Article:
These Two Things

I’ve been scrabbling desperately to get a grip on the way forward this month, so I’ve been hanging back, practicing self-care, and just trying to get my head clear.

Here’s what I have:

The world has gotten scary.  People are dying in the streets.  The white hoods are back.  The government is torturing Indians in furtherance of giving them poison to drink.  Children are learning that hate is an American value.

There are two things that I know are true, that we can use against this terror and darkness.

Over the past weeks, they have seemed like laughably inconsequential things and impossibly large things, but they’ve never stopped being primal.

The first thing is love.  We can love ourselves.  We can love each other.  We can love fat people, not-conventionally-attractive people, “fours”, “losers”, black people, people who don’t speak English, trans people, disabled people, gay people, people who have had abortions, Muslim people, native people, people who have been “grabbed”, all the people.  We can love them.  We can love us.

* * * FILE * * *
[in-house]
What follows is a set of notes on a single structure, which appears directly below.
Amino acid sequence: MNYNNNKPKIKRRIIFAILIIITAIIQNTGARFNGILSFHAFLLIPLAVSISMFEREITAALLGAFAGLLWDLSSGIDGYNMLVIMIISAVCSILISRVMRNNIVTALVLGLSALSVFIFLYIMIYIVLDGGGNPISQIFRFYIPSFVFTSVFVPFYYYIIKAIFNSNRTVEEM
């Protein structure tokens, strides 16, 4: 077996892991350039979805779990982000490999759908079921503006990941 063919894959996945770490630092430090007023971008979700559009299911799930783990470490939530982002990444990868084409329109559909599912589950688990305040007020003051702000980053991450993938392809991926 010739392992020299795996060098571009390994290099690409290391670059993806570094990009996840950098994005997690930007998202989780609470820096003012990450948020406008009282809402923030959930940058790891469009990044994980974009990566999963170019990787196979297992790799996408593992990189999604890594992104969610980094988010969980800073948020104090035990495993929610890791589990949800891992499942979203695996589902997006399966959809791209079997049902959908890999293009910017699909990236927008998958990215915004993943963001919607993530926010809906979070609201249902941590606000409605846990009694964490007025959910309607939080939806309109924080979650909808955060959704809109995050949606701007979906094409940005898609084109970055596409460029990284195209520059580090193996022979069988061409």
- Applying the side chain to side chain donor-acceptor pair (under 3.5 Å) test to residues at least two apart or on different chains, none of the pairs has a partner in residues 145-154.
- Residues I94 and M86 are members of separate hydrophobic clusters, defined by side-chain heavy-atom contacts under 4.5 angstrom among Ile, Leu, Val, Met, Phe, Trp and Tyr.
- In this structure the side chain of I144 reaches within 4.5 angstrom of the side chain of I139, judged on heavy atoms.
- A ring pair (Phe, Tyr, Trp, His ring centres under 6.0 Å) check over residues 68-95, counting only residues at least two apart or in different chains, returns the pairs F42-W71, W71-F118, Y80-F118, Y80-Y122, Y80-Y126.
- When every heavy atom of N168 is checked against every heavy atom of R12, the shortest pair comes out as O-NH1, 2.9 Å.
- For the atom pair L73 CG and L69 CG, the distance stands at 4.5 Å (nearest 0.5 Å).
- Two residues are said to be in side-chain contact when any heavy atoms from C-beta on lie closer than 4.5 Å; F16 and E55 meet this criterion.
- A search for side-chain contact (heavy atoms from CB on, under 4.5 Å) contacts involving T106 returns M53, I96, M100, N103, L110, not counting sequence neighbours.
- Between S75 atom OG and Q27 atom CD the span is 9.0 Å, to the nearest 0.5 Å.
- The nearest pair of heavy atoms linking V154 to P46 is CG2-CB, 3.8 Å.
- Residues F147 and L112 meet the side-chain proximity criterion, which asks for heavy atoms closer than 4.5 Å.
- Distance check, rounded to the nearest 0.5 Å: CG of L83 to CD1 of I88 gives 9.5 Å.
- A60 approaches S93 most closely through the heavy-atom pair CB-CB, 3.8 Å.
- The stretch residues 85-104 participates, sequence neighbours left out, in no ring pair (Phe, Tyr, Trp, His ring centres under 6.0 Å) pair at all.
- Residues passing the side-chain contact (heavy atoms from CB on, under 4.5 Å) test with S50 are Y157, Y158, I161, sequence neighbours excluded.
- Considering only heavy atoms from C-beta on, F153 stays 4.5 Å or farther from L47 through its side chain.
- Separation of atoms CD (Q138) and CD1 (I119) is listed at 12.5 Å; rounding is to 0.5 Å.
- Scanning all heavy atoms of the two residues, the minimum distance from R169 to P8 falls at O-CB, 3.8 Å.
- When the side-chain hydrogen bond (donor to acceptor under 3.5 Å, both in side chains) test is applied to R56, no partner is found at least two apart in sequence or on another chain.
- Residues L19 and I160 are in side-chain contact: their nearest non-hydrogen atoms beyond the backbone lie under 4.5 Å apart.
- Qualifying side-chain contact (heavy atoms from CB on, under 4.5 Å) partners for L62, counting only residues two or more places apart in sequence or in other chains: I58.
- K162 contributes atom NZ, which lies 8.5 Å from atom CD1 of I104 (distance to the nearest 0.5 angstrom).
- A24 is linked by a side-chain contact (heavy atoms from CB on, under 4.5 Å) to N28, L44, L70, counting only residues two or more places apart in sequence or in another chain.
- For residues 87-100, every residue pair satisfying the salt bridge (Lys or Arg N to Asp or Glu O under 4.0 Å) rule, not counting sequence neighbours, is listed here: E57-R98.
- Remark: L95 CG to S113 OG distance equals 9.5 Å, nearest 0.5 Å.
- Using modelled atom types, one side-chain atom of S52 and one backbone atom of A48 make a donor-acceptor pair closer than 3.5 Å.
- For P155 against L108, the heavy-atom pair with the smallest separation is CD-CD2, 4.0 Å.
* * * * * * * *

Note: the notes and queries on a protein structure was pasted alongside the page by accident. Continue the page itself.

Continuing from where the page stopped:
And that’s the most powerful tool we have against hate and fear: we can choose love instead.  We can reject the notion that some are so different that they are unlovable.  We can laugh in the face of the cultural rubric we’re supposed to use to judge the value of femmefolk and just love them instead.

We can practice self-care.  We can make safe spaces for each other.  We can help one another.  We can reach out.  We can stand in the street in front of the mosque and say “These people are my neighbors.  I love them, and I won’t let you harm them.”  We can give a colleague a hug and say “You are loved.”  We can offer flowers to strangers, like hippies, and we can tell them– yes, those people we don’t even know– that we love them.  We can see someone struggling and offer our help.  We can ask what the family down the street needs to be safe, and help them get it.  We can love.  We can love the white working-class, and let them know that there’s a place for them in the future.  We can raise children who know, like Mister Rogers used to say, that there’s no one in the world quite like them and people can like them just the way they are.  We can tell gay kids and fat kids and brown-skinned kids that the world is fucked up, but they are just fine the way they are.  We can listen to people, especially when they say they are being harmed.